Preparing the group to endure a leader change also changed how I do recreation at youth meetings. I have always had a recreational component at youth meetings, which I still view as important, but what type of recreation we do has changed. As fun as sardines and dodgeball might be for the teens, now I try to do activities that develop teamwork and foster student leadership. Active problem-solving challenges have become a large part of my recreational repertoire. If teens are taught how to band together through adversity, then when a leader leaves they will stand a better chance of leaning on one another for support, especially if the departure is abrupt or particularly difficult.
I don't know if there is an exact formula for success, but by trying to build a ministry that will continue growing and thriving after I leave has helped me to do just that. Even though I am in no hurry to leave, my group will be ready when it's time for me to go; a ministry that is healthy enough for me to walk away from is a ministry that is strong. After all, if a youth can't be a Christian without me by their side, I haven't really done my job. Part of leadership is preparing those who follow to someday go on ahead without you, because even if I don't leave the ministry, eventually they do. By preparing them for a time without my presence is preparing them for an independent spiritual life with all the tools and preparation they will need, and that's really what youth ministry is all about.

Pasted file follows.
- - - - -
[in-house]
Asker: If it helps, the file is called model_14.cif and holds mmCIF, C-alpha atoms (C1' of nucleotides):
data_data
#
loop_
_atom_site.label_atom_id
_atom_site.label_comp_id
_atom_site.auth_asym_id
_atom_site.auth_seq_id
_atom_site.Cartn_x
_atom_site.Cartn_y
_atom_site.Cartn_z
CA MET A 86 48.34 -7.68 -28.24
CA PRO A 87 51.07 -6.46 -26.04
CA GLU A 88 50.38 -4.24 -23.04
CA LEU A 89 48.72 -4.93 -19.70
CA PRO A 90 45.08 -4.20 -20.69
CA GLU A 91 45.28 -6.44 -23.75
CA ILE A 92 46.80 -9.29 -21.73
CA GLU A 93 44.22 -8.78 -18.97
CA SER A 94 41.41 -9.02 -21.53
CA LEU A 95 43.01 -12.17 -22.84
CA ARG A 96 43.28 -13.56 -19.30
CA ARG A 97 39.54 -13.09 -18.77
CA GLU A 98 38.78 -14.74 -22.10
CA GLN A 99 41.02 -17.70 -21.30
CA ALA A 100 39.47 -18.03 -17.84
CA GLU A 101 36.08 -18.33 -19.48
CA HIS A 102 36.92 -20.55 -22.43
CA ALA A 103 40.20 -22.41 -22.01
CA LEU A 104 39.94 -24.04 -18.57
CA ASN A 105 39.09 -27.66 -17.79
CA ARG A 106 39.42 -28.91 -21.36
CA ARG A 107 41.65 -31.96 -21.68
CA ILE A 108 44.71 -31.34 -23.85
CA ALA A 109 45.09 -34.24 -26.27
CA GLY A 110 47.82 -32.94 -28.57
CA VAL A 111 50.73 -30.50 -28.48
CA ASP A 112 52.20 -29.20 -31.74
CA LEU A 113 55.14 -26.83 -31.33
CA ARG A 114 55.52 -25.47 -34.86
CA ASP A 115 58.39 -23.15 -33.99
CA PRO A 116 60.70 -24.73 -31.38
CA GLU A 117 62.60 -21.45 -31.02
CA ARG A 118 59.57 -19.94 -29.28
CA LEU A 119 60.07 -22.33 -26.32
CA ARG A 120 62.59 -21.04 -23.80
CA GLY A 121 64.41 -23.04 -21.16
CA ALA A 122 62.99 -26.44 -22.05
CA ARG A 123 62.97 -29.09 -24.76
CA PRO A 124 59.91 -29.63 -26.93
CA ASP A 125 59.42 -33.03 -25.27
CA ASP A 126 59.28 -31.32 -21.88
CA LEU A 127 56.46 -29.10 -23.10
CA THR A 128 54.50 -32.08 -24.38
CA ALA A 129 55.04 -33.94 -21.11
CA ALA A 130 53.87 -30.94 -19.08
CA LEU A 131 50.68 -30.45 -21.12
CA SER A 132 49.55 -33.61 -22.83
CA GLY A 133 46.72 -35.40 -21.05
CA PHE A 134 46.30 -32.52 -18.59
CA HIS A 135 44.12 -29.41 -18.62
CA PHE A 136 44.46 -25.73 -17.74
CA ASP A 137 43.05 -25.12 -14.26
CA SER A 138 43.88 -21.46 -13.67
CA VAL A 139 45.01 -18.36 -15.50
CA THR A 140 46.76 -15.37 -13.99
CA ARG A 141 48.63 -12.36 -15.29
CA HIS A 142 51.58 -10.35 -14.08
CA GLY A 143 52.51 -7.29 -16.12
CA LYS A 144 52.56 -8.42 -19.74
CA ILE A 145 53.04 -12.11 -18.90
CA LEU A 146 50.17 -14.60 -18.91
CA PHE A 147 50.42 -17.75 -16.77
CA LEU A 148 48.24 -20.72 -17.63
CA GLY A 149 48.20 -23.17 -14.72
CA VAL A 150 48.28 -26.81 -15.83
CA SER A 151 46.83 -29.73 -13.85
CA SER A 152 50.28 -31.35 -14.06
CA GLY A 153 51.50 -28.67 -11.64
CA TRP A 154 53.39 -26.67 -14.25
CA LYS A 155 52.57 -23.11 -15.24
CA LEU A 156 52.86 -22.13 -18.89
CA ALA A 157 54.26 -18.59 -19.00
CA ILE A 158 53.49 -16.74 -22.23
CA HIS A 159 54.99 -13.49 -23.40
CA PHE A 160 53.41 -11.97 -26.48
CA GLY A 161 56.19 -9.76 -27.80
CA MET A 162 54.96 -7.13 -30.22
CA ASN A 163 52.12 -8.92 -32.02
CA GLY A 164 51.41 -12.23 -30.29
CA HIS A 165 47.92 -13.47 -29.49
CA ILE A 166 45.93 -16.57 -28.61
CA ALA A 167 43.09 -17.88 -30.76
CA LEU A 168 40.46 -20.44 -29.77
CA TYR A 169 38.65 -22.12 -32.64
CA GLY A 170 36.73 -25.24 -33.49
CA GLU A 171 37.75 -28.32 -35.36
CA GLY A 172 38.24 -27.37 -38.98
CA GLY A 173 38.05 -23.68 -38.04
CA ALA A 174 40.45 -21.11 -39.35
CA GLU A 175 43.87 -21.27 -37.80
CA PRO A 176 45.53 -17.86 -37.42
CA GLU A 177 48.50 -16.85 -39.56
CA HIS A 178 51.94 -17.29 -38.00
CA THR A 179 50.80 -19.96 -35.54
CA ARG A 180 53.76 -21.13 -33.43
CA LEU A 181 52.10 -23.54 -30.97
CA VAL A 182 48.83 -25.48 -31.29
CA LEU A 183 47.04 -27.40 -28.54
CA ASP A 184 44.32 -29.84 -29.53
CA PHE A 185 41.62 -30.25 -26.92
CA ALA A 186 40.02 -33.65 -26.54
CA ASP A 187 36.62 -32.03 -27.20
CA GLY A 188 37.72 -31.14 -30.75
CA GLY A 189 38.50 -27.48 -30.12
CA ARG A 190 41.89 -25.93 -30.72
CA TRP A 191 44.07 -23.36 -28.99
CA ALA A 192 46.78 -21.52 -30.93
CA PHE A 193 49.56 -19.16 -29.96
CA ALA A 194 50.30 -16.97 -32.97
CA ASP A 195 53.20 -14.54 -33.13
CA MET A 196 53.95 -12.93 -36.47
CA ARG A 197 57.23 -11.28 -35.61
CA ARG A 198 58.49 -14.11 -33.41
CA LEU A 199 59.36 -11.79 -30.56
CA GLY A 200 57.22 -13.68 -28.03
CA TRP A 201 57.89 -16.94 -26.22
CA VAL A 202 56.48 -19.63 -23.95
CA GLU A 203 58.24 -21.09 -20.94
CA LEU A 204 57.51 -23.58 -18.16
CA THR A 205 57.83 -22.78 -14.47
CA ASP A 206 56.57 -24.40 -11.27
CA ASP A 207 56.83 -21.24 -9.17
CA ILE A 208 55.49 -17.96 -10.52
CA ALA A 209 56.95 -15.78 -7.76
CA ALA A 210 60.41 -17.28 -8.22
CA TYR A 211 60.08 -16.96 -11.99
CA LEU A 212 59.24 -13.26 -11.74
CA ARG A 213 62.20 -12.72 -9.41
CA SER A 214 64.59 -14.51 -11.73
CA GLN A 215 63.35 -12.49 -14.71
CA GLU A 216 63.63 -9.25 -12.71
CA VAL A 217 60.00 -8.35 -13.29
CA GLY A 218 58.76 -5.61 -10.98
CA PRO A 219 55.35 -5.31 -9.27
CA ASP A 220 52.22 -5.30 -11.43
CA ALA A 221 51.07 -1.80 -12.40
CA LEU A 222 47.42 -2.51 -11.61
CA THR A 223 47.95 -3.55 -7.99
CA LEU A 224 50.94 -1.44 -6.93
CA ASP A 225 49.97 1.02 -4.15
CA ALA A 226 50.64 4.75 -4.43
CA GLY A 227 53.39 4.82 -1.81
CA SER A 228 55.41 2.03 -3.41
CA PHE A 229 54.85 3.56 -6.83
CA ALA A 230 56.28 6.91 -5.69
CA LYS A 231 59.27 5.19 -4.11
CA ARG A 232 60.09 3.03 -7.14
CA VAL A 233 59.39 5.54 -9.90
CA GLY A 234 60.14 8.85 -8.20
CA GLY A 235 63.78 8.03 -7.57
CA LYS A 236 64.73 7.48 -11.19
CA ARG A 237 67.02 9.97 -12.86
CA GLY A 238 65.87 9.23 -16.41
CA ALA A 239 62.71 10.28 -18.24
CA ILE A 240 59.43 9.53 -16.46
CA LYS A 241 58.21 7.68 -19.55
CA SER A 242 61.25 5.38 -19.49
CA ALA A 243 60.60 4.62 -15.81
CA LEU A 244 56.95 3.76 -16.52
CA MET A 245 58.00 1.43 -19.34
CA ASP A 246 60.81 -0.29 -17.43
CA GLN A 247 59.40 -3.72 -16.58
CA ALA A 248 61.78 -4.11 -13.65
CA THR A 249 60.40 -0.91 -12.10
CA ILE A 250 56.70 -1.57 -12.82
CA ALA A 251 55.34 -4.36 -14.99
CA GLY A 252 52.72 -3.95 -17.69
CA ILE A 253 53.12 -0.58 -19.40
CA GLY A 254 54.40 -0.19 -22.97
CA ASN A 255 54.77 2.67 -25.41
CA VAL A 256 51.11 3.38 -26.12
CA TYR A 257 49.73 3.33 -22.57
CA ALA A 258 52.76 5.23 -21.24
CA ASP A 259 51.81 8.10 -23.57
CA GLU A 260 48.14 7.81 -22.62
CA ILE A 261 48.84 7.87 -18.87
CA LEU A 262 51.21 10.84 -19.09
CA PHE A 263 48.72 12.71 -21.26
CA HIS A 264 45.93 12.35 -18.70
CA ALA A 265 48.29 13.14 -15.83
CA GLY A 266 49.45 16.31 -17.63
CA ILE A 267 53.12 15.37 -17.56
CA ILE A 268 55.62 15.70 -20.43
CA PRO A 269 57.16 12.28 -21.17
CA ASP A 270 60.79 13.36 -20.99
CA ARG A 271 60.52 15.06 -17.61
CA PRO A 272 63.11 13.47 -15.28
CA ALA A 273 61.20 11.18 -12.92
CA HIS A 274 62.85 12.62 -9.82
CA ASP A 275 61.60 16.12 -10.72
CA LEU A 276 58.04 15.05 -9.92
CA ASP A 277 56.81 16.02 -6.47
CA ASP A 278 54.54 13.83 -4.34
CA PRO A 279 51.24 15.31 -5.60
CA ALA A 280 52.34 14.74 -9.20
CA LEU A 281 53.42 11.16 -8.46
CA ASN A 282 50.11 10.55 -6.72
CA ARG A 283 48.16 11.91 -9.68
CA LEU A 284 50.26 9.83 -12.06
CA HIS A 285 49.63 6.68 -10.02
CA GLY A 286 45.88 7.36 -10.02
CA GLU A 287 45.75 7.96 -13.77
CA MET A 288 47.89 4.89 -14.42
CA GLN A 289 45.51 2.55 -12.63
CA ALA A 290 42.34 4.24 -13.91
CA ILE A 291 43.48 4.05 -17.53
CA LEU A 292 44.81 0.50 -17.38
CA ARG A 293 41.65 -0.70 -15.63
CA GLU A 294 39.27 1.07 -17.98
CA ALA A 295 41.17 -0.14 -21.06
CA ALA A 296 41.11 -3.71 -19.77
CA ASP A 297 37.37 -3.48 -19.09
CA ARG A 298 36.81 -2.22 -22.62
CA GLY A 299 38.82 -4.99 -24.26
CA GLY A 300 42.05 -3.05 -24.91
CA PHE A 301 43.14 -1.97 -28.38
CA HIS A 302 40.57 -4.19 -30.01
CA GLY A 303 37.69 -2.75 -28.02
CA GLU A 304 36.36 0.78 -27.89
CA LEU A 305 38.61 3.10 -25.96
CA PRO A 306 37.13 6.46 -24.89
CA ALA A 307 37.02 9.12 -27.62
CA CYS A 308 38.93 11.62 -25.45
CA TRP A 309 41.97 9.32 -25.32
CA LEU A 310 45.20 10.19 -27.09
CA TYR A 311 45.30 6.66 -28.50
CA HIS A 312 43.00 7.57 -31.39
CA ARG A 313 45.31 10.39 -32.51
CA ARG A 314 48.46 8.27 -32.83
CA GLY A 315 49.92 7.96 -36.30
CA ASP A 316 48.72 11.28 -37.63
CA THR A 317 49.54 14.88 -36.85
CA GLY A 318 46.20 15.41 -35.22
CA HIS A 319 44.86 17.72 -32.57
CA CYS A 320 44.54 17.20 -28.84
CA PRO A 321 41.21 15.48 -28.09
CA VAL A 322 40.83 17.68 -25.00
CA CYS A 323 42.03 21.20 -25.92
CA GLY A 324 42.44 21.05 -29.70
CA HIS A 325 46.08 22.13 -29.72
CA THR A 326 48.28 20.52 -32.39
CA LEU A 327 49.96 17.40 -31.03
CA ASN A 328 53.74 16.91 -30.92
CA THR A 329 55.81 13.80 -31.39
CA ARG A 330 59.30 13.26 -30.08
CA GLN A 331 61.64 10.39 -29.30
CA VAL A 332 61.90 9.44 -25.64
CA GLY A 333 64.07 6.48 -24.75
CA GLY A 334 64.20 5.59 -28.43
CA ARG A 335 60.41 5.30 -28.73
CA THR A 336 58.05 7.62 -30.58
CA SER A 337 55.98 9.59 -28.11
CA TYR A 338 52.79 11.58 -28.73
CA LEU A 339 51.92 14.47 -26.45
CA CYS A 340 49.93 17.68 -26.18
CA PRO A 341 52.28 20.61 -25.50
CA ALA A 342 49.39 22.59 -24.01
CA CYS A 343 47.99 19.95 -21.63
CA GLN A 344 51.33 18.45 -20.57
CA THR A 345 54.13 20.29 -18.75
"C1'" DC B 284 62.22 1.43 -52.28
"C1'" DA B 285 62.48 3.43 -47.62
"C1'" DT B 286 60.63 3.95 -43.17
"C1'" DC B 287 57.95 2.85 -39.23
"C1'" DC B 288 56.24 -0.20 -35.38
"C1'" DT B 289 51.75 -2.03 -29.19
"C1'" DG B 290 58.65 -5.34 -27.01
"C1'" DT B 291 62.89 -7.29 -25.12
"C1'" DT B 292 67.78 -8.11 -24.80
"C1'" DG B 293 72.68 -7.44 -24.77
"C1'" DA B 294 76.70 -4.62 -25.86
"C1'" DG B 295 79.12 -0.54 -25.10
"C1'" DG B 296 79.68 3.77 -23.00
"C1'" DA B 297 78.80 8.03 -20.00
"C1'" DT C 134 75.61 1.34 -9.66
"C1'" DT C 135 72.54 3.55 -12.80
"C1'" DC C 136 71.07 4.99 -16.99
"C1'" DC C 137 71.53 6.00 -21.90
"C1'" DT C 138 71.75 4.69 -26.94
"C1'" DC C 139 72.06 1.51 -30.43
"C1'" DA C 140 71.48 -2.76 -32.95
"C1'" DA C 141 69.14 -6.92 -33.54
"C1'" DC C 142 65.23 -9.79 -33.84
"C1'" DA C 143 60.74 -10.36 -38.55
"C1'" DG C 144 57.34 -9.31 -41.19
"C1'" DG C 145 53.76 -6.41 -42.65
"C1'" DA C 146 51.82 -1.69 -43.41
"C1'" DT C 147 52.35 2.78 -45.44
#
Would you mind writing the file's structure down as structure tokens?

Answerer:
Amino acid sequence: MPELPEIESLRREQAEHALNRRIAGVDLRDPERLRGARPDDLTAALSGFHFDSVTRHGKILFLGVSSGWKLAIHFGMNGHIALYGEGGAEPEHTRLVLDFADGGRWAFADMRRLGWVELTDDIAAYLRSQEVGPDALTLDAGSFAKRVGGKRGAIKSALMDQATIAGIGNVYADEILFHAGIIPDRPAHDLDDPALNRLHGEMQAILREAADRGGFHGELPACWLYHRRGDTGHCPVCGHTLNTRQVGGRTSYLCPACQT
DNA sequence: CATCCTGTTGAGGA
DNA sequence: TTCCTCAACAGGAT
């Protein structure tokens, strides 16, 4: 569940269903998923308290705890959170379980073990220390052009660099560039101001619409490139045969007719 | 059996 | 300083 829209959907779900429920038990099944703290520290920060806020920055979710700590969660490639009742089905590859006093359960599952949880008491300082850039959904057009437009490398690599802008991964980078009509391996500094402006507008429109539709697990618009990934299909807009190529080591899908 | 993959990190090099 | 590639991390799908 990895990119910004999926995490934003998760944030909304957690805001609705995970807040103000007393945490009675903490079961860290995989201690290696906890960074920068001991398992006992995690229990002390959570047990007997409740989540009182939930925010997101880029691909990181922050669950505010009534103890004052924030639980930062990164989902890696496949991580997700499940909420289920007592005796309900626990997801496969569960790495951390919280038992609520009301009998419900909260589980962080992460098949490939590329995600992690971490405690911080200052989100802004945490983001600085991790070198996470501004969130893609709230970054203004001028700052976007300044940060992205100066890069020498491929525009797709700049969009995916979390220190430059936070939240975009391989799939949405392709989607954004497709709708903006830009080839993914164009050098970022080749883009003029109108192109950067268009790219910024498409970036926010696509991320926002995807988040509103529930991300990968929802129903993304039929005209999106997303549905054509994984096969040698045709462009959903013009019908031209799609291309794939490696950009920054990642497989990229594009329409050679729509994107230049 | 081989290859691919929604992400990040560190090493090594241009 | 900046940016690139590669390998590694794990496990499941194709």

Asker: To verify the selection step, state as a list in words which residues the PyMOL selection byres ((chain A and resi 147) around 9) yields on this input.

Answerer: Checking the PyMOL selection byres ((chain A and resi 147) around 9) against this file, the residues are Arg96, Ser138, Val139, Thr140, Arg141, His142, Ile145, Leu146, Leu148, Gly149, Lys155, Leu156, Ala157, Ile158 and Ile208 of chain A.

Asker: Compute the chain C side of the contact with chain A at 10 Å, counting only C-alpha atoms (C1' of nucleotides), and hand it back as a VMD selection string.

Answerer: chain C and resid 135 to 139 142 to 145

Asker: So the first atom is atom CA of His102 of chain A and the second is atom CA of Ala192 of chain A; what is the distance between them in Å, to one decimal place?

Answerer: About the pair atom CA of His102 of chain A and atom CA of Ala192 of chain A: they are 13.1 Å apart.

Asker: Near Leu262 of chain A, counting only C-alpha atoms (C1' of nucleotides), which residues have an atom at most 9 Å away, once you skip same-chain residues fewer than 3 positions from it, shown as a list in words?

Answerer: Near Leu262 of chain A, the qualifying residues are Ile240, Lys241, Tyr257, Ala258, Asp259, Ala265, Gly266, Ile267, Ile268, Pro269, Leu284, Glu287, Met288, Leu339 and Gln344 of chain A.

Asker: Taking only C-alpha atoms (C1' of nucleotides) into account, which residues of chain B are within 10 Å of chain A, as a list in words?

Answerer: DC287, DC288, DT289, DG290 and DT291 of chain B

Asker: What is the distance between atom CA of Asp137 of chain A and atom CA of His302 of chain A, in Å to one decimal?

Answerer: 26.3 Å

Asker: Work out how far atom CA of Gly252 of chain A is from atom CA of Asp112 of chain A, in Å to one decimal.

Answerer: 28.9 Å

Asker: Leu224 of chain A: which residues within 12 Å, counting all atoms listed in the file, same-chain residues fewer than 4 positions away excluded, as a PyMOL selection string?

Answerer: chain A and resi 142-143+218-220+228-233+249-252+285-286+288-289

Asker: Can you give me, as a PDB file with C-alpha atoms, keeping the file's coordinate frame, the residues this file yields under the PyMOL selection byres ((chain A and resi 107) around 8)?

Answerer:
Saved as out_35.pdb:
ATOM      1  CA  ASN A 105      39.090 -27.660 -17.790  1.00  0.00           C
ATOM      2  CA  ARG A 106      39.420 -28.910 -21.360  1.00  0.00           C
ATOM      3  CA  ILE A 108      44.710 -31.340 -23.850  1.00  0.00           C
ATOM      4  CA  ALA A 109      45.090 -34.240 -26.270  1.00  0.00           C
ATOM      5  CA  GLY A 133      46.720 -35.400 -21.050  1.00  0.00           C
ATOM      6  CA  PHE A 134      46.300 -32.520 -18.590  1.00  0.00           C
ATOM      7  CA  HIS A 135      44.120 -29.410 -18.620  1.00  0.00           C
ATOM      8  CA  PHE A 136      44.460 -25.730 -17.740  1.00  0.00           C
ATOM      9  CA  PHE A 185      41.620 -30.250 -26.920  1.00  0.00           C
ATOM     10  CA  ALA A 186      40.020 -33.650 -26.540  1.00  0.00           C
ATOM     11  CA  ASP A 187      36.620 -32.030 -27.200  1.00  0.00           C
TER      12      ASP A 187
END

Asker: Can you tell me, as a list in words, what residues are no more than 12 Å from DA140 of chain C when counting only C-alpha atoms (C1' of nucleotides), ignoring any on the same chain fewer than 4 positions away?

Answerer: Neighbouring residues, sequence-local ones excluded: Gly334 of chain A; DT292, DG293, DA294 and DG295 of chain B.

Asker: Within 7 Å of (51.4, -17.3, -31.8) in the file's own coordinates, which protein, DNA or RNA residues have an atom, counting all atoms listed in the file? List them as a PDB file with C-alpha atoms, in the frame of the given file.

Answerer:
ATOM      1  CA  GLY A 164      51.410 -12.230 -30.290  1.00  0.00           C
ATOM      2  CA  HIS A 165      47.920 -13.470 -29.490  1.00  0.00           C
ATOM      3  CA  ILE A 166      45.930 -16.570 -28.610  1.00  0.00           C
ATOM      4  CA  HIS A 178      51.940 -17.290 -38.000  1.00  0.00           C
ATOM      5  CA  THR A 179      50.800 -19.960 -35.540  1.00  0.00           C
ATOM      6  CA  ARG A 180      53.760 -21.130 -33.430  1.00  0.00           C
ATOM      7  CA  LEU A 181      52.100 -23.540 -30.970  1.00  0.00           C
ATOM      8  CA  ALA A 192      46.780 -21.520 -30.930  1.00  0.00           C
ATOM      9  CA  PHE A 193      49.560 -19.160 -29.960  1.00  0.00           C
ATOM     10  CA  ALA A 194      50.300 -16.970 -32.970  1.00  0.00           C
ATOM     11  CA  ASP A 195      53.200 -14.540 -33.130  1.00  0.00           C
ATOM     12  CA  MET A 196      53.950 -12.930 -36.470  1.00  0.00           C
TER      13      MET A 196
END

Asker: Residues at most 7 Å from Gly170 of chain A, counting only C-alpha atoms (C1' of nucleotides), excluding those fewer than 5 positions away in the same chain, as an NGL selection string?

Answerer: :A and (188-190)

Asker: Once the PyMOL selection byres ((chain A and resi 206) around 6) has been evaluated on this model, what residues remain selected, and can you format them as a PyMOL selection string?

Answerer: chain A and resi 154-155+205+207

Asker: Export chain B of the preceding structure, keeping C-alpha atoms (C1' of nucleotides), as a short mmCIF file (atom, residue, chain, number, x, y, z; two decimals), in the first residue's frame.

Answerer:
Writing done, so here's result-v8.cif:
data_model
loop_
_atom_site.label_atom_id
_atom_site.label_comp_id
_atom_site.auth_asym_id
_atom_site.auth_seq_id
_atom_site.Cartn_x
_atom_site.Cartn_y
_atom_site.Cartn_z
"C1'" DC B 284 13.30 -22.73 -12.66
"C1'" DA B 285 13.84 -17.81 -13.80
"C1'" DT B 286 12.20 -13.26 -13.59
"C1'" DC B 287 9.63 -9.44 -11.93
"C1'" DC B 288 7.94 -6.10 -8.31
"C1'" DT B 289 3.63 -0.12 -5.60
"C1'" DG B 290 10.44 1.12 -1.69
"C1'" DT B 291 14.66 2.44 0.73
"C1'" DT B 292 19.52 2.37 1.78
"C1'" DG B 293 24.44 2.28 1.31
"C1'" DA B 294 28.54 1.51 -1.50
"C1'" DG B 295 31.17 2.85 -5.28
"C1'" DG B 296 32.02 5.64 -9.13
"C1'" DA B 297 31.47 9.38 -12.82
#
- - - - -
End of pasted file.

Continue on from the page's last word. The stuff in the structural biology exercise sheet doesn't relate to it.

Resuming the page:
Bio: Kellen Roggenbuck has been a youth leader and ministry consultant for over a decade and is a regular contributor to the Youth Worker Journal and GROUP Magazine. He went to college to be a Music Educator, but has found his calling in youth ministry. Kellen lives outside Milwaukee with his wife and son, who both think his jokes aren't nearly as funny as he thinks they are.